What the NHL and NHLPA might discuss next summer once current CBA expires

This has not been an easy summer for the NHL by any means. Perhaps the post-Game 7 Vancouver riots acted as an ominous introduction for months in which most of the biggest stories were negative. From more manageable headaches like Drew Doughty’s contract holdout situation to stomach-churning issues such as Sidney Crosby’s battle with post-concussion syndrome and the troubling series of enforcer deaths, the notion that next season cannot come soon enough takes on added meaning in 2011.

Yet as bad as things have been lately, next summer could be foreboding in its own right for a reason few of us even want to consider: the possibility of another lockout. The league seems like it’s in much, much better shape heading into the summer of 2012 than it did going into the summer of 2004, but the fear is there since the Collective Bargaining Agreement will expire.

The good news is that the NHL isn’t likely to shoot for enormous changes like instituting a salary cap or attempting to radically improve the style of play (among other alterations that the damaging 2004-05 lockout gave way to). That doesn’t mean that the league and its players association won’t be locked in some tough battles, though.

Tony Gallagher took a look at some of the hot button issues that will likely be discussed next summer as the parties try to hash out another CBA. It’s a piece worth reading from top to bottom, but PHT will take a look at some of the most interesting bits.

Let’s start things off on two issues that might have an impact on the league’s poorest teams.

In speaking to a number of informed people around the league on both sides of the fence, it’s clear that one of the league’s biggest problems within the present agreement is the obligation to enforce a floor on the genuinely pathetic franchises around the league.

The teams that have been losing money and crying wolf for the past 10 years are now being forced to pay out in the neighbourhood of US$45 million, which is forcing them into a position of losing money in some cases, and the league will be looking toward either lowering the floor or eliminating it altogether. That is something the players will likely vigorously defend.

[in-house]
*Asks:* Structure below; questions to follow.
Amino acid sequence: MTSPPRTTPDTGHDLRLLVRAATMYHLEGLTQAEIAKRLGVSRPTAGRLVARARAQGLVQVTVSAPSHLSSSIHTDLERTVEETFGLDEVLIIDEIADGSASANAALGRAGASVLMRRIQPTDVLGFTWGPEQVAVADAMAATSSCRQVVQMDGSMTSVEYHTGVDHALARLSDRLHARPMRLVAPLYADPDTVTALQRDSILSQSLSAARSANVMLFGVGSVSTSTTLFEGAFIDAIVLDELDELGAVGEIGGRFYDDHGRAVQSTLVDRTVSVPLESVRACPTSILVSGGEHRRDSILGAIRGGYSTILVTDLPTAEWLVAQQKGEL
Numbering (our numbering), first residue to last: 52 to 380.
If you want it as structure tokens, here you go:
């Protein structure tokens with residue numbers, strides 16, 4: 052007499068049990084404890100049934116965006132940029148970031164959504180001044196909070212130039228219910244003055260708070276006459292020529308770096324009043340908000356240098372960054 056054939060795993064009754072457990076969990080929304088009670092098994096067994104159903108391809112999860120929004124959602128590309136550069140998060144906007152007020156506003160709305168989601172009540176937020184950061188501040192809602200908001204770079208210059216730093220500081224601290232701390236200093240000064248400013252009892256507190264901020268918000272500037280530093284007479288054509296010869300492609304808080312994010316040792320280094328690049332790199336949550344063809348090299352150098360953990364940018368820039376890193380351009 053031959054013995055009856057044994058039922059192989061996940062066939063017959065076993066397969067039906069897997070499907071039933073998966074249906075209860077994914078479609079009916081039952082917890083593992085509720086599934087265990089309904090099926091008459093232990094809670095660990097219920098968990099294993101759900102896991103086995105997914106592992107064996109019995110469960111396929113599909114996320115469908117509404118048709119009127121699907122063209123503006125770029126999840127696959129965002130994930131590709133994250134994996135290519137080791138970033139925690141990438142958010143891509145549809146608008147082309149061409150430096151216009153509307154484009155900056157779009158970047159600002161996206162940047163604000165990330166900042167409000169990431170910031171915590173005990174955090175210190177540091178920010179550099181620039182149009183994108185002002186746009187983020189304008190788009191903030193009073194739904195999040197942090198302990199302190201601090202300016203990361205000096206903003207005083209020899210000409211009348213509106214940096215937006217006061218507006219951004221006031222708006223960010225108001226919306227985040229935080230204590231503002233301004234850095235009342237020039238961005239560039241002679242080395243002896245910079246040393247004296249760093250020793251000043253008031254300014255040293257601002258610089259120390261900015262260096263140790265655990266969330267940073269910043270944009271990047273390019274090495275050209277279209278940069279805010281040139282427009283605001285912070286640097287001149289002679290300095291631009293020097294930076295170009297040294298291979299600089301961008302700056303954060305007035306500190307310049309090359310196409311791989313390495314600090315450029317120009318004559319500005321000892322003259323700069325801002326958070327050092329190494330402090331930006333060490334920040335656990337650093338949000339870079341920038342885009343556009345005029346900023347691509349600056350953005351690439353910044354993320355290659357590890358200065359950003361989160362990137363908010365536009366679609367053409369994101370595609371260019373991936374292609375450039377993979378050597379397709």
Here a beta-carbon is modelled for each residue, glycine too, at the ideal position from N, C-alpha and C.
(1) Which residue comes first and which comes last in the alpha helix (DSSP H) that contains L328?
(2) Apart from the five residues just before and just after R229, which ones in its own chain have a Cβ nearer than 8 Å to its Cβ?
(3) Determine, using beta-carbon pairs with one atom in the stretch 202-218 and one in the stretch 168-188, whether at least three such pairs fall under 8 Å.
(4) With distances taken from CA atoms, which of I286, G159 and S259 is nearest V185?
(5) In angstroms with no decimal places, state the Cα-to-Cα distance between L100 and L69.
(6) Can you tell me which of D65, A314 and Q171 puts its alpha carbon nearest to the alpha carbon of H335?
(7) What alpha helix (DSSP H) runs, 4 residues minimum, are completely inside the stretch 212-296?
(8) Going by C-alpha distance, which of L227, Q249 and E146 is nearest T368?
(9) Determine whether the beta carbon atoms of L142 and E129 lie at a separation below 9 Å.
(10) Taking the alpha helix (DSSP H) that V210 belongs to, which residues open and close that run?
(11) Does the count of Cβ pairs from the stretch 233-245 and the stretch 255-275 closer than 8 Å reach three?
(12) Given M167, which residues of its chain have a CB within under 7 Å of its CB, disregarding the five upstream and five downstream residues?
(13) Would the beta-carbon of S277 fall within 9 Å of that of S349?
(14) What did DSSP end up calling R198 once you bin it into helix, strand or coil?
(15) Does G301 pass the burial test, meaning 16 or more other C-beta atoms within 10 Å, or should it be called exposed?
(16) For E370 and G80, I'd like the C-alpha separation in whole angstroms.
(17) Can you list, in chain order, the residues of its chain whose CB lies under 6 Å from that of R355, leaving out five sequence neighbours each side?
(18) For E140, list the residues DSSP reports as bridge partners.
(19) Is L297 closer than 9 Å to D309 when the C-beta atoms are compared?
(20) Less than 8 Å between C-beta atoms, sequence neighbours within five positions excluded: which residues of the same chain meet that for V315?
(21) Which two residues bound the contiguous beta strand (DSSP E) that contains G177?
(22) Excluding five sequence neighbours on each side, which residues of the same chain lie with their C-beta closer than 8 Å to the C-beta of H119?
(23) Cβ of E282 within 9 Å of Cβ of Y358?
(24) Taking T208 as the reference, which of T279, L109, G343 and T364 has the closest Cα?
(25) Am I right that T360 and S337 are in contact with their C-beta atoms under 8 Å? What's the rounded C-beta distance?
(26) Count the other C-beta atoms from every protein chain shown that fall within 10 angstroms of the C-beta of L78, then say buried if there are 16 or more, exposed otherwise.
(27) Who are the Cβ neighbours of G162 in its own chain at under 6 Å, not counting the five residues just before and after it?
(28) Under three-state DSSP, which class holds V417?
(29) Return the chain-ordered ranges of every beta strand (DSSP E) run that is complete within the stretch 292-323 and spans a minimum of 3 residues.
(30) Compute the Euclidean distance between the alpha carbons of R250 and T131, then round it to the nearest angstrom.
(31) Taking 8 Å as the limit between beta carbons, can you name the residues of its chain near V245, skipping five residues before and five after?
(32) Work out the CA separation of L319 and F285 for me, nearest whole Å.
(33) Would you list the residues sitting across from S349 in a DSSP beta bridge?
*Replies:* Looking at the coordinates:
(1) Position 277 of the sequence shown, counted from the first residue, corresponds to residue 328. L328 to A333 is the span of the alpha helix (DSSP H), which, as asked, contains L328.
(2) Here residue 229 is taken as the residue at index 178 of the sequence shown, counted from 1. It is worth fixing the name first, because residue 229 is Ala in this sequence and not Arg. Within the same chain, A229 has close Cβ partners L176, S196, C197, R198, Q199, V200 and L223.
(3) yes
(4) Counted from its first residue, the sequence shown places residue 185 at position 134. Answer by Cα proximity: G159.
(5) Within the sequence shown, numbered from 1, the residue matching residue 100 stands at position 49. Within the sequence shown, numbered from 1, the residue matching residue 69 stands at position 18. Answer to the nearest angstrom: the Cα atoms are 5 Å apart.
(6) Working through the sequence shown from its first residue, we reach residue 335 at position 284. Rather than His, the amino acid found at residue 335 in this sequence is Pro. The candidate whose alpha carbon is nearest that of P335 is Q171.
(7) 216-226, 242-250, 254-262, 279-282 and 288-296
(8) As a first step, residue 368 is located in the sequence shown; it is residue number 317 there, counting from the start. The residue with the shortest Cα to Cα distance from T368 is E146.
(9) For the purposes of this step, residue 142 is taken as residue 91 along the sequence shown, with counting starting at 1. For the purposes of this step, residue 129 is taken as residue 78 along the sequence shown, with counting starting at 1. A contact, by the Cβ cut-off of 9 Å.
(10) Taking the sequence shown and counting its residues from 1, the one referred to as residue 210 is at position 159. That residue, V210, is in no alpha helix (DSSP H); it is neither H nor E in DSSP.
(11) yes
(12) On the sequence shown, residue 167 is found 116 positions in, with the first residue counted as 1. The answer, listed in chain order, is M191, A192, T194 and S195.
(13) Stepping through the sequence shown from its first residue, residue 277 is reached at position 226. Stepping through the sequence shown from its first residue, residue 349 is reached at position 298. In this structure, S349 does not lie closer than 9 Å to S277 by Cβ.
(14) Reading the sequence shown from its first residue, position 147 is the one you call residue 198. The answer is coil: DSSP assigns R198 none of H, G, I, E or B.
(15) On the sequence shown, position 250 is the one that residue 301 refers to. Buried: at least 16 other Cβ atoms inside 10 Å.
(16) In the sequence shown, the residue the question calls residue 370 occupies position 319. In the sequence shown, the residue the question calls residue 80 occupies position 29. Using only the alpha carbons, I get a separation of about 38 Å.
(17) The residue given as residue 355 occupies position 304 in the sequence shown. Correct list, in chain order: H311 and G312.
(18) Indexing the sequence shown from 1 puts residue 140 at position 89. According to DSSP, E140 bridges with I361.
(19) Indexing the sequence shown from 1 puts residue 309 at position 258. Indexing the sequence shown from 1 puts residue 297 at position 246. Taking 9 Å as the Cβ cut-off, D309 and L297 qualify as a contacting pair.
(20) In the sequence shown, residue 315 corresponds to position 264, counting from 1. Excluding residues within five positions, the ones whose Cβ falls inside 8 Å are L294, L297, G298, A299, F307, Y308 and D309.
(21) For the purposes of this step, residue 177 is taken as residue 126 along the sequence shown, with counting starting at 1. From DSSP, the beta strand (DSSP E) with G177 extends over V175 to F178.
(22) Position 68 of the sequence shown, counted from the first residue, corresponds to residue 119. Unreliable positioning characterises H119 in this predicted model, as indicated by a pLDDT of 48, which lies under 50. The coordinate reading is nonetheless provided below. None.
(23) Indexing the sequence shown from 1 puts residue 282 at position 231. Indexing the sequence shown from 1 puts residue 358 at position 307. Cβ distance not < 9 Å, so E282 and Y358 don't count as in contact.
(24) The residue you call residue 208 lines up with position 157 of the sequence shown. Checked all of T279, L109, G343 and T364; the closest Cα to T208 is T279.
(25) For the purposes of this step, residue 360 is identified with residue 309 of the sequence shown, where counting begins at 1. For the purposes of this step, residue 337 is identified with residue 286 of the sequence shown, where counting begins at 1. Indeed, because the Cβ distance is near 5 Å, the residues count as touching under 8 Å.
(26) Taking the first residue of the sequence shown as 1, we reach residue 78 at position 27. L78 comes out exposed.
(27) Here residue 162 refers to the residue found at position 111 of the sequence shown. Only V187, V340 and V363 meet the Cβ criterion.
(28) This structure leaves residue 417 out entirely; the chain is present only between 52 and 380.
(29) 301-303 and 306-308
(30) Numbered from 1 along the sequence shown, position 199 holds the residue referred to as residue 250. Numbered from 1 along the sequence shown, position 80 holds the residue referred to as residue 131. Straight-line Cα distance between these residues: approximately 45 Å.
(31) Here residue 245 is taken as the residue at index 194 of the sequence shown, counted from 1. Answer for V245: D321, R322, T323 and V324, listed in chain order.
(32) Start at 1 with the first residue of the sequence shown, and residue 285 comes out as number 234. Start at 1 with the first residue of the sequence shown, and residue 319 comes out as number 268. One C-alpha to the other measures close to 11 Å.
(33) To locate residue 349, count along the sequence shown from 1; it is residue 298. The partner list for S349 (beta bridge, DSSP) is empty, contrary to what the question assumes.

(snip)

The Torontos, Montreals and Vancouvers keep handing over money to the same dud franchises year after year with the question being whether that will continue to be the case, and if so, will that pool of money increase or decrease? And how will it be comprised going forward.

A particularly wrangling issue is all playoff teams having to contribute one-third of all revenue sharing from their first-round take, a system that actually rewards franchises (most notably Toronto) for missing the playoffs.

That’s the interesting thing about the current CBA; there are provisions that both hurt and help the league’s less successful teams. (Then again, the high cap floor/playoff revenue sharing combo might have the worst impact on not-so-deep-pocketed clubs like the Nashville Predators, who use their guile more often than big pay checks to make the playoffs.) To make things fair, the league probably wouldn’t want to eliminate the salary cap floor without keeping a minimum payroll for teams who want to benefit from shared revenue.

Naturally, the big money questions will be the biggest sticking points. The other major money matter is guaranteed contracts (and owners’ urges to do away with them). Considering the dangers involved in the sport, it would be a hard sell to roll back guarantees. After all, who’s going to want to risk breaking a bone by blocking a shot if they could lose their job shortly afterward?

Gallagher’s most interesting point comes late in the article, where he claims that NHL commissioner Gary Bettman and NHLPA head Donald Fehr have already won some big labor battles in their day, so they might be more willing to avoid a big standoff. It would be great if that ends up being true, but we’ll need to wait and see if that bit of sunshine turns out to be the light at the end of a (hopefully short) negotiating tunnel or just an example of an incorrect but educated guess.

Click here to read more about the probable talking points during the 2012 CBA meetings.

Canadiens shutting Shea Weber down indefinitely

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Just one game into a seven-game road trip, the Canadiens announced on Monday that Shea Weber has returned to Montreal and will be shut down for further evaluation. At this point there is no timetable for his return to the lineup, but it seems that he will be sidelined for at least the foreseeable future.

According to coach Claude Julien, Weber is dealing with a nagging foot injury that had previously kept him out of the lineup for six games last month.

Weber was able to return to the lineup on Dec. 2 but the injury has not completely healed.